Julia Shumway

(Oregon Capital Chronicle) During the stalemate over the U.S. House’s speaker selection, the 435 members of Congress, including Oregon’s three newly elected congresswomen, have been in a state of limbo.

Oregon’s new U.S. representatives, Lori Chavez-DeRemer, Val Hoyle and Andrea Salinas, had yet to be  sworn in by Friday evening, along with other new members of the chamber. They can’t be until the House elects a presiding officer – perhaps on a record 14th ballot expected late Friday night.

They have new offices and some staff – who may or may not get paid – but they haven’t been able to introduce bills, help constituents or even find out  what committees they’ll be on until they’re officially members of Congress.

“I’ve been telling folks on the House floor, different members, my interest in serving my community through the ag committee, but I don’t know if I’ll be on the committee and that part feels very paralyzing,” Salinas told the Capital Chronicle. “And it’s been completely frustrating.”

Salinas’ husband and daughter, a high school senior, flew to D.C. to see her sworn in on Tuesday, but they had to return to Oregon on an early flight Wednesday. Other family members who flew from other states have also returned home without seeing Salinas take her oath of office.

Oregon’s congressional delegation has remained lined up behind their party leaders. Democratic Reps. Suzanne Bonamici and Earl Blumenauer and Reps.-elect Hoyle and Salinas have each voted 13 times for House Democratic Leader Hakeem Jeffries. Republican Reps. Cliff Bentz and Chavez-DeRemer continued to vote for Kevin McCarthy, the California Republican who keeps narrowly losing because of opposition from a small group of further-right Republicans.

The House stands adjourned until 10 p.m. eastern time Friday, at which point McCarthy expects Republican supporters will be back at the Capitol and able to vote for him.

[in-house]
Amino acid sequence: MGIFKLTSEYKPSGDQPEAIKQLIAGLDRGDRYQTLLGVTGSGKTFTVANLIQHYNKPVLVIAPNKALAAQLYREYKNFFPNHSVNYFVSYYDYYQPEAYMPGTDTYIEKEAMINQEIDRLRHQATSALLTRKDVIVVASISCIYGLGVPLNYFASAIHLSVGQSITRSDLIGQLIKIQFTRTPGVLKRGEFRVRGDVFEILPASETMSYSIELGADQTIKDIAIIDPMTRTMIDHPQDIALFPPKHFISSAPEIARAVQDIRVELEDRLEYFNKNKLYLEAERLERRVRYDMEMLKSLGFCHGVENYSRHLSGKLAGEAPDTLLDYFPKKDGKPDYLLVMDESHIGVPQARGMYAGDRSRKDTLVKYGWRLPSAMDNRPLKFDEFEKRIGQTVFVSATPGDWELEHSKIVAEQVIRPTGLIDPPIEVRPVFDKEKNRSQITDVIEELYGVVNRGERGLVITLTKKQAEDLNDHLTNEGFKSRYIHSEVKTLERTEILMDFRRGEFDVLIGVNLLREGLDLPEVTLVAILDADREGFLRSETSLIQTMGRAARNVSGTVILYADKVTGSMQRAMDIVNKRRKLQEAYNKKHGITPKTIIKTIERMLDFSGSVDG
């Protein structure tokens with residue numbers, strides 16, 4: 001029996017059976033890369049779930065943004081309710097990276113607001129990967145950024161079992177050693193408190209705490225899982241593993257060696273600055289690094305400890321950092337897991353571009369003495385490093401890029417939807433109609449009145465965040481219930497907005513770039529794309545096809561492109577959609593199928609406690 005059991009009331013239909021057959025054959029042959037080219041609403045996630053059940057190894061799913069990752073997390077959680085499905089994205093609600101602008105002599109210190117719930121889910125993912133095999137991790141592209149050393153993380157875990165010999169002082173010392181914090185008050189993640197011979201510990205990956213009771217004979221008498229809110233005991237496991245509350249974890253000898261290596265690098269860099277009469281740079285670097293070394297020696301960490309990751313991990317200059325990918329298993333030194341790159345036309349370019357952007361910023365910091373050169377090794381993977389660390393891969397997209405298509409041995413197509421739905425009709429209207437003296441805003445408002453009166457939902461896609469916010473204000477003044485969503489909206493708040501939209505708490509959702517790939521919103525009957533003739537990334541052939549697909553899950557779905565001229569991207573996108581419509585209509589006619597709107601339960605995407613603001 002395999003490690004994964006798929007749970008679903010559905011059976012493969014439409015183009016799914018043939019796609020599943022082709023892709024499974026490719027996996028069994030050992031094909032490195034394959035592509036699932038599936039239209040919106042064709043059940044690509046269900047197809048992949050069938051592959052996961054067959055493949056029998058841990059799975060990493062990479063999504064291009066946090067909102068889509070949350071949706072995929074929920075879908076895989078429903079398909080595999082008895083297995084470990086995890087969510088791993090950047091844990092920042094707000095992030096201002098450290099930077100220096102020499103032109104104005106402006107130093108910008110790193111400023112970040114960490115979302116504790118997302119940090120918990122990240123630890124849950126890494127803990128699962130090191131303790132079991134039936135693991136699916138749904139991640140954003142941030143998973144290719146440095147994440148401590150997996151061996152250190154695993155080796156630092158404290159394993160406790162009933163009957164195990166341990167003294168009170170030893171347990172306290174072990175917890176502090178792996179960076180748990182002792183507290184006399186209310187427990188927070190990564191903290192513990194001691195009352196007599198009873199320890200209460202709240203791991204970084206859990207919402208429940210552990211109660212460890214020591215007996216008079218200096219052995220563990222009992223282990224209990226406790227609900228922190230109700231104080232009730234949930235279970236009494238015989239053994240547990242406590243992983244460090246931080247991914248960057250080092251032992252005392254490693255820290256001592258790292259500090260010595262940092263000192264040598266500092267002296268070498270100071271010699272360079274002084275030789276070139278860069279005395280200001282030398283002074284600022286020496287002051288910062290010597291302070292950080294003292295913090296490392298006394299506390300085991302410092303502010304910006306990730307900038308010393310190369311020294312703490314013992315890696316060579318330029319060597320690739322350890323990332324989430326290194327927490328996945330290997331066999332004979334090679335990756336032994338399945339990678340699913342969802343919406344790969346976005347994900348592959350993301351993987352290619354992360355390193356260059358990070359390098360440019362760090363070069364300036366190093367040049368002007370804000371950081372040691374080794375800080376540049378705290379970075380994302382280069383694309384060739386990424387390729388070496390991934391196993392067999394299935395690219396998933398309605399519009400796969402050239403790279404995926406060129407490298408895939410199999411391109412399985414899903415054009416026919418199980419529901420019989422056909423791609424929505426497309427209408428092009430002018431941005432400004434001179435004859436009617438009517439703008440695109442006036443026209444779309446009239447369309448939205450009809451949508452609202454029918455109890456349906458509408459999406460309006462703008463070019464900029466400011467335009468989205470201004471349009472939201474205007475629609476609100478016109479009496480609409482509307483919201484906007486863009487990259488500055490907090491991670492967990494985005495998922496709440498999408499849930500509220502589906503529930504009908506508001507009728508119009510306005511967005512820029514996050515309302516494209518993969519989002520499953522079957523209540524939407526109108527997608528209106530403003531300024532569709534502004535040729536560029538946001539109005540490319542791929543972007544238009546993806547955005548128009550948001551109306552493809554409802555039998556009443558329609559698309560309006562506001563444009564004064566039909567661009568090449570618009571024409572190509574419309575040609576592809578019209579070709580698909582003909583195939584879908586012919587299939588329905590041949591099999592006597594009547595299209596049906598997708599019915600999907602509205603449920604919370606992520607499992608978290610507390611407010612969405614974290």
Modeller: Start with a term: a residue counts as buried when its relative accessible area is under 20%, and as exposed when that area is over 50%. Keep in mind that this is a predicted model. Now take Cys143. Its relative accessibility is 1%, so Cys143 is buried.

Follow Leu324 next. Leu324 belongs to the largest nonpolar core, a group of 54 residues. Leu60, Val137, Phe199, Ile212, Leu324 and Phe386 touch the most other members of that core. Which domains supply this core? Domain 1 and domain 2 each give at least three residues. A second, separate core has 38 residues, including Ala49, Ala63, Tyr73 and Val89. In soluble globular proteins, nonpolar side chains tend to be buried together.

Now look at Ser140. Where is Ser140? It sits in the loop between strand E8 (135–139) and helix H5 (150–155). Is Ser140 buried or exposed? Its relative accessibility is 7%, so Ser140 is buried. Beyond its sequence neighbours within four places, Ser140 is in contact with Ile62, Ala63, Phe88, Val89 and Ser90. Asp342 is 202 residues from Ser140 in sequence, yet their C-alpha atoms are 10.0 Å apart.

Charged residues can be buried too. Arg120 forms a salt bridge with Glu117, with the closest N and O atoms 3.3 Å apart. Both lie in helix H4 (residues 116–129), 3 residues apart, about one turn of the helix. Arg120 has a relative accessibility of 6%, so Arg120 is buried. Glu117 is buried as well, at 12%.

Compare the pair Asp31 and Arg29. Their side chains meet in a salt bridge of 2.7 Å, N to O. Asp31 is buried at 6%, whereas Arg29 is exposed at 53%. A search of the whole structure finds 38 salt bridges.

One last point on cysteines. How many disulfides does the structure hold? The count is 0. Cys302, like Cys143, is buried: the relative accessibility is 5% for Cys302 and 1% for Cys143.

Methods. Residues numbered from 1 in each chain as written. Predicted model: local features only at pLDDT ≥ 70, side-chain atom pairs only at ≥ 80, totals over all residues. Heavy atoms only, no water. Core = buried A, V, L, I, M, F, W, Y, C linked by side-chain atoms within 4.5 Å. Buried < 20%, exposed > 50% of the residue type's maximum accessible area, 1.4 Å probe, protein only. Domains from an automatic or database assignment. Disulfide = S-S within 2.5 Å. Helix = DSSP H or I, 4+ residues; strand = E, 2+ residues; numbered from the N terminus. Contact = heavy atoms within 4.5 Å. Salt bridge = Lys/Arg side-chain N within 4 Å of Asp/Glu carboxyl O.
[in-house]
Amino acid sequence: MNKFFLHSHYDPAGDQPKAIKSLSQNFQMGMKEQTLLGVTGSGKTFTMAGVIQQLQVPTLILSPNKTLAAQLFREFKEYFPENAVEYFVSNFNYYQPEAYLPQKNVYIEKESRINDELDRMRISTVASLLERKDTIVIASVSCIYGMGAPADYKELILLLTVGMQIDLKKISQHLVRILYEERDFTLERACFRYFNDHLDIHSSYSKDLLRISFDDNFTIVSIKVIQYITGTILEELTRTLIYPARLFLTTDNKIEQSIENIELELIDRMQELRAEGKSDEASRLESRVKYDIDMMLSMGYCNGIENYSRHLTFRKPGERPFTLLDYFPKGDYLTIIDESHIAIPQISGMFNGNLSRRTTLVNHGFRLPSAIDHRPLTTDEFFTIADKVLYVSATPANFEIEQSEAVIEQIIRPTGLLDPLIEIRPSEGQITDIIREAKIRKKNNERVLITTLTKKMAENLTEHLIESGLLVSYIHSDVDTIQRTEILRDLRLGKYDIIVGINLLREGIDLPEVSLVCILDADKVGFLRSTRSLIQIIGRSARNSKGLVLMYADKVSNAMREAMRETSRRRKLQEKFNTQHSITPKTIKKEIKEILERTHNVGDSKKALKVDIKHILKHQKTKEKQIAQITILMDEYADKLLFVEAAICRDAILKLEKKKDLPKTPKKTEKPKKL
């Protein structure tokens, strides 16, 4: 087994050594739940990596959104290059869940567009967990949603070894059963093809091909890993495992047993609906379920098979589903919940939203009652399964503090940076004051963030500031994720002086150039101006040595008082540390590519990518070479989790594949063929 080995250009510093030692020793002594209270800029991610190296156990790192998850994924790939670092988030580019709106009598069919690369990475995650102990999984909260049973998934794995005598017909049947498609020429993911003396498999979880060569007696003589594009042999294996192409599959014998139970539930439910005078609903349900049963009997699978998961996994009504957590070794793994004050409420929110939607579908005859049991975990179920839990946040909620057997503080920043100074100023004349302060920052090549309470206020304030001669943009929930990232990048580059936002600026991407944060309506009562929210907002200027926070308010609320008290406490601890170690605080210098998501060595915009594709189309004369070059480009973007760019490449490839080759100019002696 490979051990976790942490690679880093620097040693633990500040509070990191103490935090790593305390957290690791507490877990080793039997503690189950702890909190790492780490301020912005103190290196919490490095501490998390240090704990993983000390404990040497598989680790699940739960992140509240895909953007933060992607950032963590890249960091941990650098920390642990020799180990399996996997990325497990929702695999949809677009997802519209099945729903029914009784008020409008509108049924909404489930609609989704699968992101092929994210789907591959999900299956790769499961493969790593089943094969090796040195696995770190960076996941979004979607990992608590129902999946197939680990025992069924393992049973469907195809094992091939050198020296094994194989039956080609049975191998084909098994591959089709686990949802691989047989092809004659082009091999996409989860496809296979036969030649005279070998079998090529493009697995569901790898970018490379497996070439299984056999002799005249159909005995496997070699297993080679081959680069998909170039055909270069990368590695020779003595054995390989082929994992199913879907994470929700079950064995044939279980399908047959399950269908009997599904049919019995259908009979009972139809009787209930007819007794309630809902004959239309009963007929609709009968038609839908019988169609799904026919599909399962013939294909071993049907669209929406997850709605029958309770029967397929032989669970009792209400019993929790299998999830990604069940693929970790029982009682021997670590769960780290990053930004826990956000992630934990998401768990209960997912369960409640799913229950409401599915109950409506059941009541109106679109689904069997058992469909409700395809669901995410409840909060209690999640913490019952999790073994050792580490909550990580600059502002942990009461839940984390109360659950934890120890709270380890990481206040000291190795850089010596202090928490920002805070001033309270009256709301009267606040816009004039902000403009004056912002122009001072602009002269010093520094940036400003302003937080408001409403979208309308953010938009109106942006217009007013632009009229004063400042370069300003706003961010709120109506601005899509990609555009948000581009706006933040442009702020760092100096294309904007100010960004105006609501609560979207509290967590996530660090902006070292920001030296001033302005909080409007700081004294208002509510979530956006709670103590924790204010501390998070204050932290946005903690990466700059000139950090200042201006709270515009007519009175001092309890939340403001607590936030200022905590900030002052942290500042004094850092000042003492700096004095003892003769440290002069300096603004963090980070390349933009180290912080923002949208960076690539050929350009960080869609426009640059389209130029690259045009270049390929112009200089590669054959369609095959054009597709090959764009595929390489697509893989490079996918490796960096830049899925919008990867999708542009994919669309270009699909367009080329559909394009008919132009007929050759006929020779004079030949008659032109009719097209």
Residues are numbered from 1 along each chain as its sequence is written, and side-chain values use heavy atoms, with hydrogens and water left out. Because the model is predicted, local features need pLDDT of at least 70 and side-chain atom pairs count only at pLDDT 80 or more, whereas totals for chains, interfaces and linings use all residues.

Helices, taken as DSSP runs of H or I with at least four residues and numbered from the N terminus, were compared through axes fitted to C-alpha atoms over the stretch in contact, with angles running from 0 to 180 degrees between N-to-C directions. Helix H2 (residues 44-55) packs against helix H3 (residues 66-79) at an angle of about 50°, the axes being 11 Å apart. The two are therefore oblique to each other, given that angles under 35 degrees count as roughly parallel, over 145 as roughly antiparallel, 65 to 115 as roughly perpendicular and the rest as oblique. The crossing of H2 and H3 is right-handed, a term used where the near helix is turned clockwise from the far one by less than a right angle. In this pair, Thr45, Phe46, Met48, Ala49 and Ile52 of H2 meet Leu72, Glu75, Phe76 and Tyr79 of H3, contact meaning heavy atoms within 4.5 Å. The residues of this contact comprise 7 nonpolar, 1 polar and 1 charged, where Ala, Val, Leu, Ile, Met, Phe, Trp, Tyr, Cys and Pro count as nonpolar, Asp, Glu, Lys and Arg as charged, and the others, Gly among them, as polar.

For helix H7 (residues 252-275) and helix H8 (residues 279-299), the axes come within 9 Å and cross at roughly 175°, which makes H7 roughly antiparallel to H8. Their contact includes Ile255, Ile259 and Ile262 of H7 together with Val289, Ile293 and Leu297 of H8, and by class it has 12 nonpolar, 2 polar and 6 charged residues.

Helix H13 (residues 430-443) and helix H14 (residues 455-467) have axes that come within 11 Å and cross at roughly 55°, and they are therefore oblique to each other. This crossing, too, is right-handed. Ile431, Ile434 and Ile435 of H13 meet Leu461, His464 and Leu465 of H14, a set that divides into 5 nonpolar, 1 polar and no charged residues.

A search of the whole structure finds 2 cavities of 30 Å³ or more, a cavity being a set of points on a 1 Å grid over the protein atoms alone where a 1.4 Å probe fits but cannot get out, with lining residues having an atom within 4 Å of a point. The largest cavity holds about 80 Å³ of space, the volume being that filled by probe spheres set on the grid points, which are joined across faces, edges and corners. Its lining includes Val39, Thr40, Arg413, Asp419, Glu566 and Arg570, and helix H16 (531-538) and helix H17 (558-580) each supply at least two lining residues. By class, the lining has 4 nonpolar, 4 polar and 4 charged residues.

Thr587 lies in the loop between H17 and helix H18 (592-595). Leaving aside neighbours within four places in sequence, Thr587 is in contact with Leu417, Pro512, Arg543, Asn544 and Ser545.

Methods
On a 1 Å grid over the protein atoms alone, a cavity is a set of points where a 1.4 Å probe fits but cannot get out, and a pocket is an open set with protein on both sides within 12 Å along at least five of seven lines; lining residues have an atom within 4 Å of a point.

Chavez-DeRemer’s communications director pointed to a tweet the freshman Republican posted Wednesday expressing frustration with the Republican holdouts.

“A small minority is preventing the House from doing the work we were sent here to do,” Chavez-DeRemer said. “We must get our economy back on track, work to get the cost of living under control, and improve safety in our communities. I’m ready to work for the people of Oregon.”

In a statement to the Capital Chronicle, Hoyle said she was “incredibly frustrated” by gridlock caused by the House Republican Caucus.

“For the first time in 100 years, the U.S. House of Representatives has been unable to organize for multiple days,” Hoyle said. “Yet during the previous Congress, when Democrats held a similarly narrow majority, we were able to accomplish many historic, bipartisan legislative achievements. The American people deserve a Congress that works for them – not one mired in endless chaos, confusion, and crisis.”

She added that she was willing to work with anyone, but said Republican leaders are more interested in appeasing extremists in their caucus than working with other members of Congress.

“I sincerely hope that the leadership in the Republican Caucus, who have the majority, will put principles over personalities and allow us to do the work for the American people that we were sent here to do,” Hoyle said. “To that end, House Republicans need to stop their obstructionism and allow Congress to get to work.”

Salinas said she’s unaware of any serious efforts to persuade Democrats to support McCarthy or a compromise candidate, and that the fight is entirely within the Republican caucus. Republicans hold 222 seats in Congress, Democrats hold 212 and there is one vacant position because a Virginia congressman died after the November election.

She said she fears the Republican caucus will be beholden to a faction that wants no government at all.

“I think there is a faction of the Republican Party that is more moderate and actually does want to serve their constituents, but I think they’re going to be beholden to this other smaller faction and that is really telling for the rest of the session in which I think could be in a state of paralysis,” Salinas said. “And it is very sad because we are a full branch of government and we will not be serving our constituents.”

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